Alright, if you’re following me on Twitter (either on my personal account @Addison_Crow or currently on @WritersRotation) you’ll know that last night I was subject to local customs (like they’re a contagion). Even though it was raining, a crowd of locals and tourists gathered in the car park opposite my flat to listen to local musicians and watch the Highland dancers. They perform every Thursday night in the summer, and the pipe band practices every Thursday (which amounts to the same) the rest of the time. I was surprised by the range in ages, even though I shouldn’t have been. I said before, when I went to the ceilidh, that there were young people there. Well, there were teens outside in the rain last night, and a lot of them didn’t even look forced to be there. Parents, grandparents, tourist families, random lonely huddlers; all were out in droves to see SCOTLAND in capital letters.
It’s part of the reason I love living here, and in the Highlands particularly. There’s a sweetness about the place, a lack of shame at dorky cultural heritage, and though the kids were dressed like gangsta rappers for the most part, they still clapped along to the traditional music with gusto. I would have been out there with them, but I spent Wednesday and yesterday doing the final clean on the old flat. My ex had gone, the place was empty, and despite claiming to have cleaned, the ex’s efforts were minimal. My hands are still recovering from all the cleaning products, dunking in hot water, hard scrubbing, and grime. So I was feeling pretty skanky. Lowlights: cleaning the hairballs from the washing machine (my ex was pretty much Chewbacca in terms of body hair) and cleaning the damn oven.
Still, if you’re ever in my neck of the woods on a Thursday night, see if you can spot me frowning out of the window because a fecking pipe band is playing when I want to watch something/listen to something. Blooming natives.
Right, well, it’s been a busy week at the Crow’s Nest. I’m trying to do the Scott Lynch Locke Lamora readalong in preparation for Republic of Thieves this October, I have been trying to get more sewing done, I’ve been faffing about…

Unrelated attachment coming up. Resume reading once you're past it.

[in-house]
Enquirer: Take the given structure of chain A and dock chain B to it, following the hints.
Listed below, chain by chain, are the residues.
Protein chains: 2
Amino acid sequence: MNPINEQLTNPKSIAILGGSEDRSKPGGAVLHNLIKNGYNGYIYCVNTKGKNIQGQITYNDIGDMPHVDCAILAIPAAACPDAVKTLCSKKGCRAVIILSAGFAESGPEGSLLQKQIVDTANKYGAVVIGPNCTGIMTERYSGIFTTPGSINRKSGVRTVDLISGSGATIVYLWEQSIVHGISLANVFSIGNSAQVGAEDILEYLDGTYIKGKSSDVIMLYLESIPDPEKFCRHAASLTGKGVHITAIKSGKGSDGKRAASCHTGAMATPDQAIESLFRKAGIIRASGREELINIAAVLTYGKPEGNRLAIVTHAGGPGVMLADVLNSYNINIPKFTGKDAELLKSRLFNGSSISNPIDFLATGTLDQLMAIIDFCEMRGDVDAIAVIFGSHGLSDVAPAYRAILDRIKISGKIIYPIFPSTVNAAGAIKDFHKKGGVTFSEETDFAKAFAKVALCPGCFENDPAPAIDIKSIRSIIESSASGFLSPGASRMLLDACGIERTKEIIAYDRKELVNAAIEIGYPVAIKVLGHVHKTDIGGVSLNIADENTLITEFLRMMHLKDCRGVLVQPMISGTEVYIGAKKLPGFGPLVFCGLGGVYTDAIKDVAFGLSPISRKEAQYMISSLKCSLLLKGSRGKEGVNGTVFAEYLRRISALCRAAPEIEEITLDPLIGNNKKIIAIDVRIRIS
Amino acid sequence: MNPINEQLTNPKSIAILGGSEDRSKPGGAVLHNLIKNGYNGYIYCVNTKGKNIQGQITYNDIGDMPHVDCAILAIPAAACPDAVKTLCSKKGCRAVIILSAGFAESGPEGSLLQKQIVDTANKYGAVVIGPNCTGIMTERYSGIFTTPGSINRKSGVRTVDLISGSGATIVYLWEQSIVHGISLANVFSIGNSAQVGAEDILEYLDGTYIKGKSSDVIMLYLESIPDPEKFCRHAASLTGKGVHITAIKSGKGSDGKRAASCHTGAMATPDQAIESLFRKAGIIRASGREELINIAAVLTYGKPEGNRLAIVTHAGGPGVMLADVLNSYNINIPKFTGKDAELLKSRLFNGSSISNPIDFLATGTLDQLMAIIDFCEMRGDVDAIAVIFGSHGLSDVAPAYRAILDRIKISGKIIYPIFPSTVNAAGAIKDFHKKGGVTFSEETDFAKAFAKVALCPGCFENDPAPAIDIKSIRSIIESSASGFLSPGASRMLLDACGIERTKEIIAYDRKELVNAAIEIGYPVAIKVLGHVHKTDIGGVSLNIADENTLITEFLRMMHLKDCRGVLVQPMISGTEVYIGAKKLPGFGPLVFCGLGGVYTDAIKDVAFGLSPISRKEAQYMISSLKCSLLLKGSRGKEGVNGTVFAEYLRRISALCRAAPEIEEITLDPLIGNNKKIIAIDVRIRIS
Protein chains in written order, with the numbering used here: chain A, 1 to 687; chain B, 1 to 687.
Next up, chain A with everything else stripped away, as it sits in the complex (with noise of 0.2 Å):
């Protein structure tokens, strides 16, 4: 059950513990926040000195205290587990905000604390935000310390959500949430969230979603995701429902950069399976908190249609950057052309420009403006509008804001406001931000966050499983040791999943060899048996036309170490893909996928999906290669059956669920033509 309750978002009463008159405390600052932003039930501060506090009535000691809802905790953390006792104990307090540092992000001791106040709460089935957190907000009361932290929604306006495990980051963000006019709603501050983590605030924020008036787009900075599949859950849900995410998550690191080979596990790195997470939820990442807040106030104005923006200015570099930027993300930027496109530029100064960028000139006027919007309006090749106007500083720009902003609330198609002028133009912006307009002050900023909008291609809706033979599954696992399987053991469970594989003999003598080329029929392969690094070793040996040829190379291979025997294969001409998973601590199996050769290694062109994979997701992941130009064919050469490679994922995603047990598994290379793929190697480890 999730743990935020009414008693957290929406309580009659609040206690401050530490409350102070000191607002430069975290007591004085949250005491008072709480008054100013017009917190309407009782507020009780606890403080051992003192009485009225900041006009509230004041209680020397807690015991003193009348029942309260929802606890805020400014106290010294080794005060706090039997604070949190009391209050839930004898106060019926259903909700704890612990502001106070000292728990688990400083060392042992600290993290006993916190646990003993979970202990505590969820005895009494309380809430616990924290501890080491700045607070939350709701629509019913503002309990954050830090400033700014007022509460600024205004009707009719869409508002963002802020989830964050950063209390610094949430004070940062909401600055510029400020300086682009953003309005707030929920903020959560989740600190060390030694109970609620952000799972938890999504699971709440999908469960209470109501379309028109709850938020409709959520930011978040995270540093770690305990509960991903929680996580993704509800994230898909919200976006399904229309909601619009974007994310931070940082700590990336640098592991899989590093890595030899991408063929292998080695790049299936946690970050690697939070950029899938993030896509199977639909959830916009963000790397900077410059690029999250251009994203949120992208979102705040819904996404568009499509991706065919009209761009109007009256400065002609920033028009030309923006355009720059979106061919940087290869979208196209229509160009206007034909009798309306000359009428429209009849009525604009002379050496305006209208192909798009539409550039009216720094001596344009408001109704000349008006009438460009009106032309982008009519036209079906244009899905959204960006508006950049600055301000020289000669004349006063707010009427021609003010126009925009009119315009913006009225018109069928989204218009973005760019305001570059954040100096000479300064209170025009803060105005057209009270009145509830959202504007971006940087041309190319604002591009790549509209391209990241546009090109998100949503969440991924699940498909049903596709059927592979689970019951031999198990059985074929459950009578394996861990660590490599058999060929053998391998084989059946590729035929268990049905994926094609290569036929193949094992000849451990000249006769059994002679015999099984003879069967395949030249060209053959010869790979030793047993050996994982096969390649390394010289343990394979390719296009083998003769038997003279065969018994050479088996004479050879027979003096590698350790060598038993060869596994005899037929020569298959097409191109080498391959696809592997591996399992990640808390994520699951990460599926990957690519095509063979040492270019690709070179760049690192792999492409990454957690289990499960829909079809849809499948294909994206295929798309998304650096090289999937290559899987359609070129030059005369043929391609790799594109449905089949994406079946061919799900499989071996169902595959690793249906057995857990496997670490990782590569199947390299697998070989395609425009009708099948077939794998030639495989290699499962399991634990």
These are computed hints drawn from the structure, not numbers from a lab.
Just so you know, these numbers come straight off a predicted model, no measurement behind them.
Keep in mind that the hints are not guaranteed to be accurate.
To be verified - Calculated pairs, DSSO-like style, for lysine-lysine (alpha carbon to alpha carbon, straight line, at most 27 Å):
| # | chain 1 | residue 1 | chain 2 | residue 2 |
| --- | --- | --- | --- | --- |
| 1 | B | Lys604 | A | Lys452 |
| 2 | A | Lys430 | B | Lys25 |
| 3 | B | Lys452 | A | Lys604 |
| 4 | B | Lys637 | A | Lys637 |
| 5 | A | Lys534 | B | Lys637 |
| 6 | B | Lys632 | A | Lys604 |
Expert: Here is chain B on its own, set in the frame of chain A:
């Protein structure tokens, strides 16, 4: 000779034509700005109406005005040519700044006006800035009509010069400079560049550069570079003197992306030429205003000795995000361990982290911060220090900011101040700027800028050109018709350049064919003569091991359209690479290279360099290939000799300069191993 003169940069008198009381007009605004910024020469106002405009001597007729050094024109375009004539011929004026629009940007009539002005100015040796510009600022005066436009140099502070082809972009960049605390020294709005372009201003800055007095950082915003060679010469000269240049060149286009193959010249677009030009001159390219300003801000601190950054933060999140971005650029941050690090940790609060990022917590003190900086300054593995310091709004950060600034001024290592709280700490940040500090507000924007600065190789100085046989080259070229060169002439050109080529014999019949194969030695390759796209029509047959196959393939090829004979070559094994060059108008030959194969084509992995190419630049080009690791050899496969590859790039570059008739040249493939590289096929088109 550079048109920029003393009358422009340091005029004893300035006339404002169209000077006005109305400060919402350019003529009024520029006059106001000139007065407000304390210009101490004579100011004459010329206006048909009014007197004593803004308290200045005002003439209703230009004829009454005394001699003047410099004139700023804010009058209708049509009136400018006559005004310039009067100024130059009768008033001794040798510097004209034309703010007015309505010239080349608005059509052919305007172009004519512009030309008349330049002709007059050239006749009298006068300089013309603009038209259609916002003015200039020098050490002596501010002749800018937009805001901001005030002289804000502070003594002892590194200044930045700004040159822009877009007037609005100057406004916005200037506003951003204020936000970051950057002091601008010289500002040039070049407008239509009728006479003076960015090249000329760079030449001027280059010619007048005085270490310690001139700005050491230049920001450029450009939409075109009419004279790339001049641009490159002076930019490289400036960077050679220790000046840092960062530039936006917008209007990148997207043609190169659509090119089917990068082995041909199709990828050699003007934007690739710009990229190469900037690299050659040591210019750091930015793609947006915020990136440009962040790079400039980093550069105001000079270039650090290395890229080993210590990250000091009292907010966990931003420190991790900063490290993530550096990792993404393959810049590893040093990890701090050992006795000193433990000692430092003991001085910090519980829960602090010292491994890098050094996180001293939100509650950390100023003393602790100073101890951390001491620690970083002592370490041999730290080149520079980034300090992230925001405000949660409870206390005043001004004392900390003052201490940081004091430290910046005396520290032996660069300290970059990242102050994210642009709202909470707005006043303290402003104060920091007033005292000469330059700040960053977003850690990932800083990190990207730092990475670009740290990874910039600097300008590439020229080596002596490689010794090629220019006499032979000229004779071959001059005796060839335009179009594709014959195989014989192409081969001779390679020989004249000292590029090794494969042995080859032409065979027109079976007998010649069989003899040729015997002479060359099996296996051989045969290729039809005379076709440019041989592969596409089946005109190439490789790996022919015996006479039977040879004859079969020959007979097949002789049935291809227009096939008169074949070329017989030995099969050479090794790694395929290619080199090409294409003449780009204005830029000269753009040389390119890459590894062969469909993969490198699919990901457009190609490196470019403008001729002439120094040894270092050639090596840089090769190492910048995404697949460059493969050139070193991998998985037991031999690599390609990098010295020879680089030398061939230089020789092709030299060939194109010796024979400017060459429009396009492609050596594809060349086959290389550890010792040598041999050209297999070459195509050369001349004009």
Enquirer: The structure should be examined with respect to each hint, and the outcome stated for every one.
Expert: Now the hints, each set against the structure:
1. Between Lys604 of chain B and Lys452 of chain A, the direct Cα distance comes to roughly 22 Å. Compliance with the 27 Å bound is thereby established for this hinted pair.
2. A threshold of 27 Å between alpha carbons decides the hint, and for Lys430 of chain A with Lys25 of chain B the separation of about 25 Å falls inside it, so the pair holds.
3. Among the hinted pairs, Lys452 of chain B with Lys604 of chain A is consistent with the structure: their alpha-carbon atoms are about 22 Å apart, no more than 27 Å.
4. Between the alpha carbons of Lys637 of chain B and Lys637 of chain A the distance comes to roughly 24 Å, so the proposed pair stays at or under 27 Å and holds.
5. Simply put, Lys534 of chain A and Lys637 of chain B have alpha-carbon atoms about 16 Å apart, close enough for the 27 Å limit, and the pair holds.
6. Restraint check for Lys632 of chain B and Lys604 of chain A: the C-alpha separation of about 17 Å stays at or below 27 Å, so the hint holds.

Ugh, faffing about. I think it’s my love of faffing about that will stop me being a proper, published, successful author. I can’t keep focused and motivated if I’m left to my own devices. I need structure. I’d have to go to an office with other writers, and write like it was a job, with people glaring at me meaningfully when I faffed about for too long. I have four different stories on the go, with two more in my head. I refer you to Hyperbole And A Half “This Is Why I’ll Never Be An Adult” which pretty much explains how it works. I’m coasting towards thirty and I can’t keep myself motivated if no one’s looking. Fook’s sake.
In a way I don’t mind. I mean, I do have a full-time job (and a career path if I want it) that I enjoy when I’m not crippled with fear that someone will find out that I’m actually quite lazy. It pays reasonably well, compared to a lot of jobs people who graduated with me now have. I have enough to be getting on with, and I could always do sewing-related things as a side project if I wanted to. I can do NaNoWriMo, and write little stories, and add to my drafts when I feel like it. One day I might show them to people. I don’t NEED to publish. I can be on the periphery. I can do reviews for other people, and talk to authors on Twitter, and blog about books. I can live with authors and not be screamingly jealous.
Except… I’m good. I think. People tell me I’m good, though I know that’s no guarantee. I mean, strangers who aren’t my family or close friends like what I write. Slightly more reliable. And based on some of the weird tripe I’ve read and seen published over the years, I’d be a shoe-in! After an age of heart-breaking rejection, obviously. I know it’s all hard graft and apprenticeships. Scott Lynch told me so, though I knew that already (I blogged about it back there somewhere *waves hand in vague direction of the past*). I’m not kidding myself in that regard. Apart from when I second-guess myself and wonder if my work is only being read by idiots.
Seriously though, am I the only one who goes to bookshops, browses the Fantasy and/or Sci Fi section and is amazed by the weird stuff that gets scooped up and published? It gives me hope, but it also fills me with dread. Being an author has always been my dream (apart from being a librarian) and I really really really want it to come true.
Right, I tell you what. Double post day. I’ll post a short piece I wrote for a competition. I seem to have had more views recently, so please comment, you lurkers, and give me your thoughts. The prompt was that the protagonist was being threatened or attacked by thirty assailants. Whether they survived was up to us. There you are then. I’ll post that first so it comes up below this post, in order to make more sense. Or something.